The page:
Celebrating the Dungeon Masters Guide!

Black Friday, November 28, Modern Myths is pleased to be one of the select few retailers that will have the new Dungeons & Dragons Dungeon Master’s Guide for sale, weeks before you’ll find it online!  To celebrate the release of this epic book, we’ll be holding a DM workshop for new and experienced dungeon masters in our upstairs Mythos space.  Want to see the cool things in the new book?  Want to get advice for problem players?  Want to learn to be a dungeon master yourself?

An early look at the table of contents shows that this book will include:
– hundreds of magic items
– intelligent items
– artifacts
– variant rules modules
– world-building tips
– random dungeon generation tools
– features and techniques for making adventures unique
– guidelines for adjusting monsters and creating your own enemies
– and much, much more

Come on by from 1 PM – 4PM to talk with veteran DM Joe Lastowski about the new book, the many options it presents, and the many ways you can transform your game into an epic story as a dungeon master!  $5 admission (which you can use as store credit later) will get you in to this event, but if you buy the DMG, you get in free!  We’ll have sample scenarios to act out, question-and-answer sessions, round table discussions, and handouts with good DMing tips.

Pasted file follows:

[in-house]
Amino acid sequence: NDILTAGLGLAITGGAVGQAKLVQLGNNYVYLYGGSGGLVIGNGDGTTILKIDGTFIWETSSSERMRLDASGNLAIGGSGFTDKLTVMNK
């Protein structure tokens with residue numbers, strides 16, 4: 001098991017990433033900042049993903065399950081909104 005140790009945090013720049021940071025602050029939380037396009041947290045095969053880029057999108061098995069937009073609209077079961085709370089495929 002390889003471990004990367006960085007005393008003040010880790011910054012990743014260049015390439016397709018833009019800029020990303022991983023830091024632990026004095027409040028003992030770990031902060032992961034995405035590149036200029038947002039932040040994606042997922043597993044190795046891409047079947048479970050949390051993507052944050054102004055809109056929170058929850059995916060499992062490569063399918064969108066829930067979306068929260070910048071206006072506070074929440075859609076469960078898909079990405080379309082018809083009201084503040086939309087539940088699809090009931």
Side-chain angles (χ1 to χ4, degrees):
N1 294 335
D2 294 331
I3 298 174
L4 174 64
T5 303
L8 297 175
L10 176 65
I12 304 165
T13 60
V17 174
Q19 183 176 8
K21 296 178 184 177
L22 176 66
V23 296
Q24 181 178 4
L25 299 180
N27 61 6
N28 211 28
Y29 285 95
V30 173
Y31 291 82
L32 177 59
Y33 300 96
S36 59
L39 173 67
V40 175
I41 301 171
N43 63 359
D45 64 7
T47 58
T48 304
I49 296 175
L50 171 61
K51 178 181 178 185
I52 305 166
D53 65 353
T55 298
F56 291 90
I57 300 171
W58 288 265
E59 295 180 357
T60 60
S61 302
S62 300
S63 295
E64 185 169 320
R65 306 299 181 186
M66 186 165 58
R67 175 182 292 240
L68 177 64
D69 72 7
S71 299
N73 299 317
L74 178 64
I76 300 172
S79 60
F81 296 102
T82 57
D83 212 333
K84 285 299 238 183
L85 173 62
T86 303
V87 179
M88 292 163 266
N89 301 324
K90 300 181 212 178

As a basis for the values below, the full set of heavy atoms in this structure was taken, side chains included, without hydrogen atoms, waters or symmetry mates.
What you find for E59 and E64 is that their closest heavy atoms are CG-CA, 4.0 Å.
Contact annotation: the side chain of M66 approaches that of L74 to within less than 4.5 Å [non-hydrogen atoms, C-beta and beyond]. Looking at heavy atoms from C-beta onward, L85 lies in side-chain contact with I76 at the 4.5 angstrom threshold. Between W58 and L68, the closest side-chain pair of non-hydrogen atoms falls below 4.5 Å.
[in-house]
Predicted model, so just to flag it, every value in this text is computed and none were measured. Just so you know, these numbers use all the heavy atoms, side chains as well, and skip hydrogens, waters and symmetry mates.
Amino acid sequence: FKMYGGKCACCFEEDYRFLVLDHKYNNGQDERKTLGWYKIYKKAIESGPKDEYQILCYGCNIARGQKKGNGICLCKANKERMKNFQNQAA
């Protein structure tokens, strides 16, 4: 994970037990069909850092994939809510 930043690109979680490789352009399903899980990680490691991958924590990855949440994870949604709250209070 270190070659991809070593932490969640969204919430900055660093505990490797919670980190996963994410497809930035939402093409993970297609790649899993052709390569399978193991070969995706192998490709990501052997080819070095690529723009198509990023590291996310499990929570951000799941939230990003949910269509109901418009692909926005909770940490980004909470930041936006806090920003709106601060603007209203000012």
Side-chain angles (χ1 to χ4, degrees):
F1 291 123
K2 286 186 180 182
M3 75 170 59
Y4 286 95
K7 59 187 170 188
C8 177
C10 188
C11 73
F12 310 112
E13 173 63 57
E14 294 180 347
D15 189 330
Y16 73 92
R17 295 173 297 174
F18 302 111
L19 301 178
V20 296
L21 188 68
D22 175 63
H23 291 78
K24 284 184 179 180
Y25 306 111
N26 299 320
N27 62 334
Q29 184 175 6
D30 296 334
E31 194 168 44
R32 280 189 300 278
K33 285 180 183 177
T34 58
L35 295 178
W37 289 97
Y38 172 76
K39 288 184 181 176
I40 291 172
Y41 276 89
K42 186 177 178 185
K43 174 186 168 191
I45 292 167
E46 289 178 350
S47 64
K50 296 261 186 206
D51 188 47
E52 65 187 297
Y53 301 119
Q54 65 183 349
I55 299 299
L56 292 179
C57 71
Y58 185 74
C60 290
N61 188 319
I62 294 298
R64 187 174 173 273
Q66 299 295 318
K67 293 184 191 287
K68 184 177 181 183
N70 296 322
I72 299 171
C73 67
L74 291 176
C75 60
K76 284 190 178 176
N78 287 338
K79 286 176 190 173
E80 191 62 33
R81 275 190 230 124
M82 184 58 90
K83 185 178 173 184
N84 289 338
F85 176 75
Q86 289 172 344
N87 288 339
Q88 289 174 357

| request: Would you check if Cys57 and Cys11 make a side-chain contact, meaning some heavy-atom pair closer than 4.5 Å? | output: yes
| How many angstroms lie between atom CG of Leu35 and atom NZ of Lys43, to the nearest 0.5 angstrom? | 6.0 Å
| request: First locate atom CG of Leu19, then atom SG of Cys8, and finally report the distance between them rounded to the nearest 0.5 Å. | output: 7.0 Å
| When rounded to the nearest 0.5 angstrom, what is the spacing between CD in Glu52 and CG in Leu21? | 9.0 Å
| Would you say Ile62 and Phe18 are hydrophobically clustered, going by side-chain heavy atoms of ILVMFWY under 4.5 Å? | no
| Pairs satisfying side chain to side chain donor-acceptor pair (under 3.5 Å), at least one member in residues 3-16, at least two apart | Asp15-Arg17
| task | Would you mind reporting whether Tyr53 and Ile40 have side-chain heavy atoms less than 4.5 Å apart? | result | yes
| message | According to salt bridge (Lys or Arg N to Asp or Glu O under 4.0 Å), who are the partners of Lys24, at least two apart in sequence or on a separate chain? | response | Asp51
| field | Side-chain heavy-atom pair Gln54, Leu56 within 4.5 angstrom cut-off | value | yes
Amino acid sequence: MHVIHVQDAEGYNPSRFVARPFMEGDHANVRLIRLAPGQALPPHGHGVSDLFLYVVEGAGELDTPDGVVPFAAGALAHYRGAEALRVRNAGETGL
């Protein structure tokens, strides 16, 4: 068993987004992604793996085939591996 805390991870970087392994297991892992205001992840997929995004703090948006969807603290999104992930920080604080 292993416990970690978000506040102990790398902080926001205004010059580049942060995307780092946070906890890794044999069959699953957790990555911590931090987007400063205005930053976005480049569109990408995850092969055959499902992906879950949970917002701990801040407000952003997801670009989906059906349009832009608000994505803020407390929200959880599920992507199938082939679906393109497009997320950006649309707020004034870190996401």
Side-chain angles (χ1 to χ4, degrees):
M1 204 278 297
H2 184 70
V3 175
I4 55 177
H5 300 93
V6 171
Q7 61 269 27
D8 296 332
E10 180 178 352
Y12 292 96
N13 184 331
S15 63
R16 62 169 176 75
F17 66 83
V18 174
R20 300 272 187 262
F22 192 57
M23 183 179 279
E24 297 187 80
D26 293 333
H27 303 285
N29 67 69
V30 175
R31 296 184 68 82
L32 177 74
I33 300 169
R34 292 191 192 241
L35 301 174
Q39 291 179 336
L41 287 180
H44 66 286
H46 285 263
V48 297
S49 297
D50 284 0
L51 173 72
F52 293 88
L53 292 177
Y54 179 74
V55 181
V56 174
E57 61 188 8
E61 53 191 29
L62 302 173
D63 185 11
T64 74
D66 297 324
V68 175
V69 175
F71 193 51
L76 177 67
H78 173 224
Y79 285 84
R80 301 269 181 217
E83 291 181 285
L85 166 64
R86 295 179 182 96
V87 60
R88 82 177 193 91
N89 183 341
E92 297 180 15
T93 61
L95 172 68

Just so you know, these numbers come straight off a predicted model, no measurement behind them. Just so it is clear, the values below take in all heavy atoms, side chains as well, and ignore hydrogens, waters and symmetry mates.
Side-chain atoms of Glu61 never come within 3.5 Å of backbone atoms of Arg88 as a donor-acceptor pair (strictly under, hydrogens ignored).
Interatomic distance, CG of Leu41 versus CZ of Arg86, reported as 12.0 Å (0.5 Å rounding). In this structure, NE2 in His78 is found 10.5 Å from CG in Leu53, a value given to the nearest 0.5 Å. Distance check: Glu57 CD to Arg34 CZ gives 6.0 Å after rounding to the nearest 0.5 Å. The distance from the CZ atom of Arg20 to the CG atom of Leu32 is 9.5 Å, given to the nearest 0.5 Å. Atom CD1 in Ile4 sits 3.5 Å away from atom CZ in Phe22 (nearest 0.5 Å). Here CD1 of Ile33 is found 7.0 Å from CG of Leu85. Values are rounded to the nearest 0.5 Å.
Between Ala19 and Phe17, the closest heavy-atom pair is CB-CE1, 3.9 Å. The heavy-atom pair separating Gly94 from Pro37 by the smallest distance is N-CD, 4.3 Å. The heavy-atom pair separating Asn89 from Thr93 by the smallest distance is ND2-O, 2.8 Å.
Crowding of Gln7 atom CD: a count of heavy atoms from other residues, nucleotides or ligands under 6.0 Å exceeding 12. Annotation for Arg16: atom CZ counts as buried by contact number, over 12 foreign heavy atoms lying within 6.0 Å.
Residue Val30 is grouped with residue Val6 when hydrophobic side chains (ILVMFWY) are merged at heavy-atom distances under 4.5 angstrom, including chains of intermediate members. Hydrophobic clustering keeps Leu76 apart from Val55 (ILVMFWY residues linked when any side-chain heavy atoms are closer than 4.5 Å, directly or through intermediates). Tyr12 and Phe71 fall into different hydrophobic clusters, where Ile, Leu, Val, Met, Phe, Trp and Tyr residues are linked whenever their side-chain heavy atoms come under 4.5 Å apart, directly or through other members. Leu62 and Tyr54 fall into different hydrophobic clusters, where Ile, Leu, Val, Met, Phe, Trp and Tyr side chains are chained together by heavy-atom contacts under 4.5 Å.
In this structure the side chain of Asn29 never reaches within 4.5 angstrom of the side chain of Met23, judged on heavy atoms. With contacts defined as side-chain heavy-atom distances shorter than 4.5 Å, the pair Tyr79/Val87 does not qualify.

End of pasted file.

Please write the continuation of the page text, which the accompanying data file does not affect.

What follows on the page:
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Heroine Addict: What’s Left Unsaid

More and more current comics are featuring a broad range of characters, with different genders, races, and sexualities becoming more prominently displayed. Increased representation is an amazing thing to see, especially in an industry so wrought with (ironically) archaic attitudes towards anything “different.”

But sometimes representation isn’t always as it seems.

Characters in pop media are usuallysappho assumed to be straight until proven otherwise. Even characters who are widely recognized as queer icons (like Wonder Woman) are editorially forced to not only deny those ties, but also to decry them as “weird” or “incorrect.”